Howard-Wright Monoplane (oz9893)
About this Plan
T.O.M. Sopwith's Howard-Wright Monoplane 1912. Scale model for indoor flying, with electric power and 3 channel RC.
Quote: "Sopwith learned to fly in 1912 when he was 22. Actually, as related in Chapter One of 'Sopwith – the Man and His Aircraft' he visited Brooklands during October and flew two circuits as a passenger in a Henry Farman biplane: shortly afterwards he bought a Howard-Wright monoplane for £630 and on the 22nd flew himself into a crash (caused by over controlling). Undeterred, he had the machine repaired and flew his first controlled solo flight on 4th November. There are three pictures of him in this spindly-looking monoplane at Brooklands, two on the ground and one, a wonderful photograph, of the plane in the air with him leaning forward but relaxed, a natural pilot. The eponymous Mr Howard-Wright was no relation to the more famous brothers, but an engineer and designer living in London close to Sopwith. He also made a biplane in which Sopwith captured the British endurance record later in the year.
Anyway, I decided that a committed Sopwith-ophile just had to make a model of this little-known aircraft, and it fitted in with my Autumn building programme for the indoor flying season to come. It is a large model, but flies exceptionally well on the now standard GWS 'A' geared 150 motor and associated hardware that comes with the Indoor Stick. At one-third throttle it will fly slow, graceful circuits and if you have a large hall or a hard surface out of doors on a calm day, it can take off and chunter round, do the odd touch and go, even a chandelle or a rather hesitant stall turn for all of 30 minutes or so if you use one of the little lithium ion batteries. Unlikely though it might seem, it would suit a beginner to indoor flying rather better than the Stick, because it is so light, slow flying and controllable – but it doesn’t bounce quite as well!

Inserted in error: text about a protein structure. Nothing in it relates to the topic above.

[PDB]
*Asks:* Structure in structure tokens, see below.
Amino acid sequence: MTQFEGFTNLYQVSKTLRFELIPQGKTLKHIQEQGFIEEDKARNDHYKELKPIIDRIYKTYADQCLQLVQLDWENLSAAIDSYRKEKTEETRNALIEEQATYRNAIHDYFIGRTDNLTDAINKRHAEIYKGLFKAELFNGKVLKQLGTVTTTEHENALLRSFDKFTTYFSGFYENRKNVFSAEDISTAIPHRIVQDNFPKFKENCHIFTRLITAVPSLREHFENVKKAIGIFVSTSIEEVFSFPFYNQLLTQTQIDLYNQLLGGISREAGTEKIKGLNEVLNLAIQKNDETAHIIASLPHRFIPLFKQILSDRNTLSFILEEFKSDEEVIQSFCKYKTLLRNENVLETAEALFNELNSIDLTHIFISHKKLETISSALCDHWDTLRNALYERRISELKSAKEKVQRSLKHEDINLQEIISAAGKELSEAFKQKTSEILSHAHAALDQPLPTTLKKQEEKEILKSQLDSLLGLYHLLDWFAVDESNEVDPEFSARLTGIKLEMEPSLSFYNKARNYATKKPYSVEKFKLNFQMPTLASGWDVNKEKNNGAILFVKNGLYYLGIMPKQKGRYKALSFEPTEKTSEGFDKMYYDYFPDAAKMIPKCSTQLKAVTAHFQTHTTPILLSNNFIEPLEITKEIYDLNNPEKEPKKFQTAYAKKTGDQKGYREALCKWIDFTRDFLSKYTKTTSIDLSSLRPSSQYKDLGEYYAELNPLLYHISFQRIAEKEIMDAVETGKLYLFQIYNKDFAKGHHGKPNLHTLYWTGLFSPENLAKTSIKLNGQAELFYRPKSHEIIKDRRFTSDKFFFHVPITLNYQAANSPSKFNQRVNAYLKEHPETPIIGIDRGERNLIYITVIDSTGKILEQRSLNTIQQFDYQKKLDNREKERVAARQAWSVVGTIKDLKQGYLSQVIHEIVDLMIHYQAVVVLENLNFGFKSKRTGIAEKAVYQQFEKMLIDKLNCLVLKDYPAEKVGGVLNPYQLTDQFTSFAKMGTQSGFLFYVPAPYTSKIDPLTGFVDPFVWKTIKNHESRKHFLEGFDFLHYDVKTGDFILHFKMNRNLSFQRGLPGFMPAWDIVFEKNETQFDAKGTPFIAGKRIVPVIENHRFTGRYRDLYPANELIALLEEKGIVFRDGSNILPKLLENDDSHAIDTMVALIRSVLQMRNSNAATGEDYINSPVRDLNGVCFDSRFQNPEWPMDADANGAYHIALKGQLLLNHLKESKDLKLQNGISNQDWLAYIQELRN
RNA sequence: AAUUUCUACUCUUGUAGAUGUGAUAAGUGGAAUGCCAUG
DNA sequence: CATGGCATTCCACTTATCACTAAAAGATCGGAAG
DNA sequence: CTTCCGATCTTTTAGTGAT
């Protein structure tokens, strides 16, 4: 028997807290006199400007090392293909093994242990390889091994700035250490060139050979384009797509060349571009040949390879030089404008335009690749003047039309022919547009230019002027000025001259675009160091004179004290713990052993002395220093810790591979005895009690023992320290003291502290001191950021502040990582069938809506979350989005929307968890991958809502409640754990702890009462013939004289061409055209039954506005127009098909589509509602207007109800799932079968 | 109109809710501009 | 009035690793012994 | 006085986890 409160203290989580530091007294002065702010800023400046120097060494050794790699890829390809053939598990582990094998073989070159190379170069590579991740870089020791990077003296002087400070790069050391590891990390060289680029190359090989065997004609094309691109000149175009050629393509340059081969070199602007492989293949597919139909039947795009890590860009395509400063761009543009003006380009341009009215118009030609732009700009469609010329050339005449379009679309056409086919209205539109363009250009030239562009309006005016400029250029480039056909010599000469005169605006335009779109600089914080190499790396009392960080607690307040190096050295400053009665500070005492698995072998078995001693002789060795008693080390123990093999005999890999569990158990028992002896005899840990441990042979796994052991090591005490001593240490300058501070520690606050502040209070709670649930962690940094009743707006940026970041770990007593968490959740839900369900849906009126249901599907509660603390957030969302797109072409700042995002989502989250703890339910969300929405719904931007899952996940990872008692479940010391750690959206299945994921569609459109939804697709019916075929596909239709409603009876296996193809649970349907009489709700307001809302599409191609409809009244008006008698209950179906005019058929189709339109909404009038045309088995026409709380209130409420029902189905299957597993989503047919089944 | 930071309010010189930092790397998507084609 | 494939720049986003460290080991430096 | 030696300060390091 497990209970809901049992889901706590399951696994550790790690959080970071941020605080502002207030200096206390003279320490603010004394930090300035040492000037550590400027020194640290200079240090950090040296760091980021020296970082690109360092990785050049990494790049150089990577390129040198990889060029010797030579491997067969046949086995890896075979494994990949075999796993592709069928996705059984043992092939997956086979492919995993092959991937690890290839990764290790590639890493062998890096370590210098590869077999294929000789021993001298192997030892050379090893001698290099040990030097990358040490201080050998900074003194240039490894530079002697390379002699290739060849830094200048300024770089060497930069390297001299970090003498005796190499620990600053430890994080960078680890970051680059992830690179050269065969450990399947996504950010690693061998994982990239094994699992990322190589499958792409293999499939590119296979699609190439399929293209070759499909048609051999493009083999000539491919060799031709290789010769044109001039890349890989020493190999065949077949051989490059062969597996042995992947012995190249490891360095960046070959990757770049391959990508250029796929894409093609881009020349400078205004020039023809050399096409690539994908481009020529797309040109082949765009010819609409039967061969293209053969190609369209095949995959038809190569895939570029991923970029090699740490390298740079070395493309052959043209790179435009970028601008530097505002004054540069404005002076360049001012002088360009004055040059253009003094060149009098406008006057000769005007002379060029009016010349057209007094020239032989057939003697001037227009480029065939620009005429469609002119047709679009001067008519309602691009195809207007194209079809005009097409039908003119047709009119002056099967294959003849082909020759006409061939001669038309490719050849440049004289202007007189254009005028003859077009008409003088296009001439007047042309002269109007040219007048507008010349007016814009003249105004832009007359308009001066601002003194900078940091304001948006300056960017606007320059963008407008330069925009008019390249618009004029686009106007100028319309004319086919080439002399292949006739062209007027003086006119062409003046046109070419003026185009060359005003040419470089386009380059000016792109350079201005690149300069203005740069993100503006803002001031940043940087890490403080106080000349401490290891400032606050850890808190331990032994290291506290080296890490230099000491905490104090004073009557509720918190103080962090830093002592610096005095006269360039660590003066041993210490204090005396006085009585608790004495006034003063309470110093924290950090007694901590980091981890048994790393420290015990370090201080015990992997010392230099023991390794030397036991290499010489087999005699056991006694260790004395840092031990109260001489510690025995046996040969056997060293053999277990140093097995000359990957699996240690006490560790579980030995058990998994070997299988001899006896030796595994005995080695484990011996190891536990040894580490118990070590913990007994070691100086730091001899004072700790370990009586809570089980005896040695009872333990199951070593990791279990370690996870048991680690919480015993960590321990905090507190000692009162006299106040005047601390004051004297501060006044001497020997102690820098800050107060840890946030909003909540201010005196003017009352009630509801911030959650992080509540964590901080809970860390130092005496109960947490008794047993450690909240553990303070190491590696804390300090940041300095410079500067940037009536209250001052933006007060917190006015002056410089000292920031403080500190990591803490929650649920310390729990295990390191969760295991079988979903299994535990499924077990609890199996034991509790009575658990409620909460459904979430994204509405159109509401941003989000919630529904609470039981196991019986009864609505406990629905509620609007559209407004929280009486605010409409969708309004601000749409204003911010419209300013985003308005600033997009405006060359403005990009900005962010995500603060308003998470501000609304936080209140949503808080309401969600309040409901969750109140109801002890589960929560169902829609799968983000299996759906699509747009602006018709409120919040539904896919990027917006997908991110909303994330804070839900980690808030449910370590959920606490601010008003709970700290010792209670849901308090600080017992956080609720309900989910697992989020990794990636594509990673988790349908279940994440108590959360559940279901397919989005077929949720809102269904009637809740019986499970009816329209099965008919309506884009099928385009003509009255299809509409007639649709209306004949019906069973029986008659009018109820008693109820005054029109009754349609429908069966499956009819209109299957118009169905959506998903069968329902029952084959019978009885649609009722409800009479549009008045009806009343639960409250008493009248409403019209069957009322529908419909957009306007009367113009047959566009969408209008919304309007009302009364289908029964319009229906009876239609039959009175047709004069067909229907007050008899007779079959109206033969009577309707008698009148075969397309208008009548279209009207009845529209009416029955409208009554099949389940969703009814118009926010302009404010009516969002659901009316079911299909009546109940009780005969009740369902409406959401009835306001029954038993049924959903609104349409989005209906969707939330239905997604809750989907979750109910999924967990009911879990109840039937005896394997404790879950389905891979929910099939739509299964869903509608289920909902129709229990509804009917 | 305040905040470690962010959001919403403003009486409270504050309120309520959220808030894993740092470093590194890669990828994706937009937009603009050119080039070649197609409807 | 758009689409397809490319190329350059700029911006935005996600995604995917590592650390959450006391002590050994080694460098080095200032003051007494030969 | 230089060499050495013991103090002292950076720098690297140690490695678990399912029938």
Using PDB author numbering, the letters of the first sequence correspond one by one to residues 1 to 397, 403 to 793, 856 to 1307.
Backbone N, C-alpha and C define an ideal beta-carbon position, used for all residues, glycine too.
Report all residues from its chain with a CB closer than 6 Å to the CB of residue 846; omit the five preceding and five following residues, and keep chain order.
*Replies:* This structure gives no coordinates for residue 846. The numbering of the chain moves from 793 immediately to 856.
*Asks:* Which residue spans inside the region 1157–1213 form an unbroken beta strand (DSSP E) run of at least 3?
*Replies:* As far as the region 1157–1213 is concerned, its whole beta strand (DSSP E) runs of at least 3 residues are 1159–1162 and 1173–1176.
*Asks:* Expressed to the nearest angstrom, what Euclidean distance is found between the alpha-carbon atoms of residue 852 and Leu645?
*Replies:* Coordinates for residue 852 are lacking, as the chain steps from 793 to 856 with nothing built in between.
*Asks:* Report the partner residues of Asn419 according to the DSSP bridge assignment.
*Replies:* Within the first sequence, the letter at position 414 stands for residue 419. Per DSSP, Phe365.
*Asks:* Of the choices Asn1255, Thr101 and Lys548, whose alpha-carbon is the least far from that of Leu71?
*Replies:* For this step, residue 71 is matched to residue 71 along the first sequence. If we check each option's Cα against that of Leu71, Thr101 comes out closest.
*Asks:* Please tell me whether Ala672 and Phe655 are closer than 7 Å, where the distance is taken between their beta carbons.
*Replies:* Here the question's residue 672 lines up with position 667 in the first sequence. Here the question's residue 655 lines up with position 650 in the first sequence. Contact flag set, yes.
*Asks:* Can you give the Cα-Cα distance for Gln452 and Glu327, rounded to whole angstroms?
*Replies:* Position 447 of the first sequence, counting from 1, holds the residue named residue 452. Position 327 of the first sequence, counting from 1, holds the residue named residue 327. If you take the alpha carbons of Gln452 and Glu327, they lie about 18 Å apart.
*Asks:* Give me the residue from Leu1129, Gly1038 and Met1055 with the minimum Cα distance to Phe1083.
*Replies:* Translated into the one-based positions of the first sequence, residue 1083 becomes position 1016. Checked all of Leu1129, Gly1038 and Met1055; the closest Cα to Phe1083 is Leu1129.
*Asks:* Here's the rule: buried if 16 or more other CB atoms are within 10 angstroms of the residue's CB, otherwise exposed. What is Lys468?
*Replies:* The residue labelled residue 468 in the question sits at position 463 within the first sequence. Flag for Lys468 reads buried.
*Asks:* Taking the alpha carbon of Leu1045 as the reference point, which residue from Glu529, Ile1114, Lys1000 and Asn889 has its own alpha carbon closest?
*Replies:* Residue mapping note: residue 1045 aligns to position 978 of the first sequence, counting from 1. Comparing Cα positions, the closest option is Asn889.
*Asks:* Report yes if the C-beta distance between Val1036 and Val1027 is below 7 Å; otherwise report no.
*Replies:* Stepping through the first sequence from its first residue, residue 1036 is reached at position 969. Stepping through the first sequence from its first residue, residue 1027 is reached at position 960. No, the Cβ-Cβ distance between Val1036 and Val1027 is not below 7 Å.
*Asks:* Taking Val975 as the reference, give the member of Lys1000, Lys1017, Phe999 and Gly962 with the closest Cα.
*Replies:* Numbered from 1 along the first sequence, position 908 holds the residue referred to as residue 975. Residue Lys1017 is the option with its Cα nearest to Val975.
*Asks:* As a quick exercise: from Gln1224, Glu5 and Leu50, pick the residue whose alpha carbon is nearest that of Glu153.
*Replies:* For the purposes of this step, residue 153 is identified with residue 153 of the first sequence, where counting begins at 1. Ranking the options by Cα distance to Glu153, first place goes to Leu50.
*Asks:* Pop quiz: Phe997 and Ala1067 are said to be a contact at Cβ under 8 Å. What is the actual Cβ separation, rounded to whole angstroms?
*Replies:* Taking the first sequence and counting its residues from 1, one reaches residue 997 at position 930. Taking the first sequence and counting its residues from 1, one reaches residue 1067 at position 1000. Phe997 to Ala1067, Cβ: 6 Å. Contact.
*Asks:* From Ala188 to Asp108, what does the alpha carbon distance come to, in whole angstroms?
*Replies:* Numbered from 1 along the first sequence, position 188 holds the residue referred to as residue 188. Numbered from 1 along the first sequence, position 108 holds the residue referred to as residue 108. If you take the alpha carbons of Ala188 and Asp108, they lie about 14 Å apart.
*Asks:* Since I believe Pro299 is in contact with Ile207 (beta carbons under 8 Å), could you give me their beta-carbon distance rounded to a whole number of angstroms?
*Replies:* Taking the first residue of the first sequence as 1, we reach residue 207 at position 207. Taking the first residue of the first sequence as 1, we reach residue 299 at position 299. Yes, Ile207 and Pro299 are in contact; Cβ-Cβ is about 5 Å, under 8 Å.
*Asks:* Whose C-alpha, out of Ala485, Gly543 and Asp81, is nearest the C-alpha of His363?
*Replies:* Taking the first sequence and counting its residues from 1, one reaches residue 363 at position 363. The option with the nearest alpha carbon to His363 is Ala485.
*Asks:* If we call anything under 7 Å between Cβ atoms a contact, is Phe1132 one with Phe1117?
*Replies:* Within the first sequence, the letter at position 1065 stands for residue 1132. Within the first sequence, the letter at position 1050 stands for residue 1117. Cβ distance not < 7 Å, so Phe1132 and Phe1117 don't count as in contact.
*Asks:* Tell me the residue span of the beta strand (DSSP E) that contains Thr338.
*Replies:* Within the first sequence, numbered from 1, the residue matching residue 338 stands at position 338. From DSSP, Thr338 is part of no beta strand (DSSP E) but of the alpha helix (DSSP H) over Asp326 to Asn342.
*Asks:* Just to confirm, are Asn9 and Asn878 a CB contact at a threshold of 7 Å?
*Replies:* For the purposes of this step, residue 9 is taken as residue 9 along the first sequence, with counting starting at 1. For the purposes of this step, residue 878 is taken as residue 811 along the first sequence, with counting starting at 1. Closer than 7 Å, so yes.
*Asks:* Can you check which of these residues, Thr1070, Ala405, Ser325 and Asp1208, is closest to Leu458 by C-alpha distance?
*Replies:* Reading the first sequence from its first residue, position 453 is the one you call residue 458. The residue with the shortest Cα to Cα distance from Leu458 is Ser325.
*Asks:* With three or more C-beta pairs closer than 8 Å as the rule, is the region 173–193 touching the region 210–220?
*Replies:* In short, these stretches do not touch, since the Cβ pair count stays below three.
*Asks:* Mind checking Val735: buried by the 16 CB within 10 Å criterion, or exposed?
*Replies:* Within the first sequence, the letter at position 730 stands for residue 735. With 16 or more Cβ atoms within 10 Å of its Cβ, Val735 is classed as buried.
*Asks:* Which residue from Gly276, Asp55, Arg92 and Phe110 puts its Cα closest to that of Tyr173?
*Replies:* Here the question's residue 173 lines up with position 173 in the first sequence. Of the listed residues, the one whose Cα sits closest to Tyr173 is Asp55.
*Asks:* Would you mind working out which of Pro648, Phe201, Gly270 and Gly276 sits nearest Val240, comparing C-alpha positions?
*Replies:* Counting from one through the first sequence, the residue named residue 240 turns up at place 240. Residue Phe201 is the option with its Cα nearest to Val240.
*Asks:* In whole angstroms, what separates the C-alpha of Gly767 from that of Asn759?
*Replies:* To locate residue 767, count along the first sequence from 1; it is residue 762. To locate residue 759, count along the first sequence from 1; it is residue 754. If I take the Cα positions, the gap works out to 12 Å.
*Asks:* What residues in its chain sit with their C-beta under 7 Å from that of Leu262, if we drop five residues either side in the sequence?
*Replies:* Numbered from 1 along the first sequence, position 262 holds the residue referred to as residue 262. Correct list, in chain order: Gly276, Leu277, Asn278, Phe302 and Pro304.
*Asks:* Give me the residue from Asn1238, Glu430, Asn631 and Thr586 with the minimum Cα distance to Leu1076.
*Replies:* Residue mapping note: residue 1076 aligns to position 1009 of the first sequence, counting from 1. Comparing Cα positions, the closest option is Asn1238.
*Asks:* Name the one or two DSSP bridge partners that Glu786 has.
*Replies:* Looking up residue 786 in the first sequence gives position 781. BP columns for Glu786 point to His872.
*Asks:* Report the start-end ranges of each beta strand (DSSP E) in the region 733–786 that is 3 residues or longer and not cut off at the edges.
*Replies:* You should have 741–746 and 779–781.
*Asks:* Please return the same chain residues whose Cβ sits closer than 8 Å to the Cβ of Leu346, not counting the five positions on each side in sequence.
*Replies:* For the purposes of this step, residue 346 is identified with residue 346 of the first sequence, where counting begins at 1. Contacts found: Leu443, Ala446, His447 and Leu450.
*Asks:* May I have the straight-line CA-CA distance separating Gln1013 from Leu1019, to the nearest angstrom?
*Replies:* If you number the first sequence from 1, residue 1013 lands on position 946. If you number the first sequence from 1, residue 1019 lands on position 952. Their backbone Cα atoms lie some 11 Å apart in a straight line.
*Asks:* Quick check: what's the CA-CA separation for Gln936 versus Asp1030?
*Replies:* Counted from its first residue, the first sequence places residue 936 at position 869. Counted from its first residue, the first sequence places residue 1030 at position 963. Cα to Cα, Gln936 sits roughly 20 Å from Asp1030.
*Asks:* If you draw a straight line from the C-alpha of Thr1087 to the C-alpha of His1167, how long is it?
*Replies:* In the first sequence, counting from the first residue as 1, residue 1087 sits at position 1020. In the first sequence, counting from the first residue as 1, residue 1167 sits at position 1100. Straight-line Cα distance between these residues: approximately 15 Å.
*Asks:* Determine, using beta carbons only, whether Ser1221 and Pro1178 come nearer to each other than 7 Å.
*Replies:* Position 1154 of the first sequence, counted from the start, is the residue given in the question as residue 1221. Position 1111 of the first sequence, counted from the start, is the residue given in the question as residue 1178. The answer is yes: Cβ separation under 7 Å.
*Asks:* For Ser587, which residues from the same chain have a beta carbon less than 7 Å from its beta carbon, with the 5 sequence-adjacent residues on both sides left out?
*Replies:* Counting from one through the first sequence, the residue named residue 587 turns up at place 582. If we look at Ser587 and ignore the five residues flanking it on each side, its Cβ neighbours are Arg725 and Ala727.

The design is typical of its time, with an open fuselage, cambered wings, a heavy engine in a very short nose and a blizzard of struts and bracing wires. Having worked with balsa open frames on my 1914 version of the Sopwith Tabloid prototype recently, I thought that 1/16th square basswood might give a more scale-looking structure for fuselage, wings and undercarriage. The short nose meant that all the RC gear would have to be concentrated very close to the front. A Lithium Ion twin-pack and the lightest GWS hardware weigh over 100 grams, but the 32in span model only weighs about 60 grams, and I did not buy special wood or build particularly lightly. However, such a delicate structure must be fully braced or it will immediately fold up during your first take-off.
The fuselage is very a simple box structure. Anyone who has built a Keil Kraft Cub (oz1349) will find themselves at home here. Build both sides from the basswood strip and 1/16th balsa and join them with F2, F3 and F4. Prop up the assembly over the plan and add the cross-bracing, first to the top and then the bottom of the rear fuselage, and pull in the sternpost when all is rock solid. I added the thread bracing in stages, because although it is a tedious job it is essential, otherwise all that basswood will just spring apart after your first less-than-perfect landing. Don’t ask how I know..."
Supplementary file notes
Raw scan - before scaling and cleanup.
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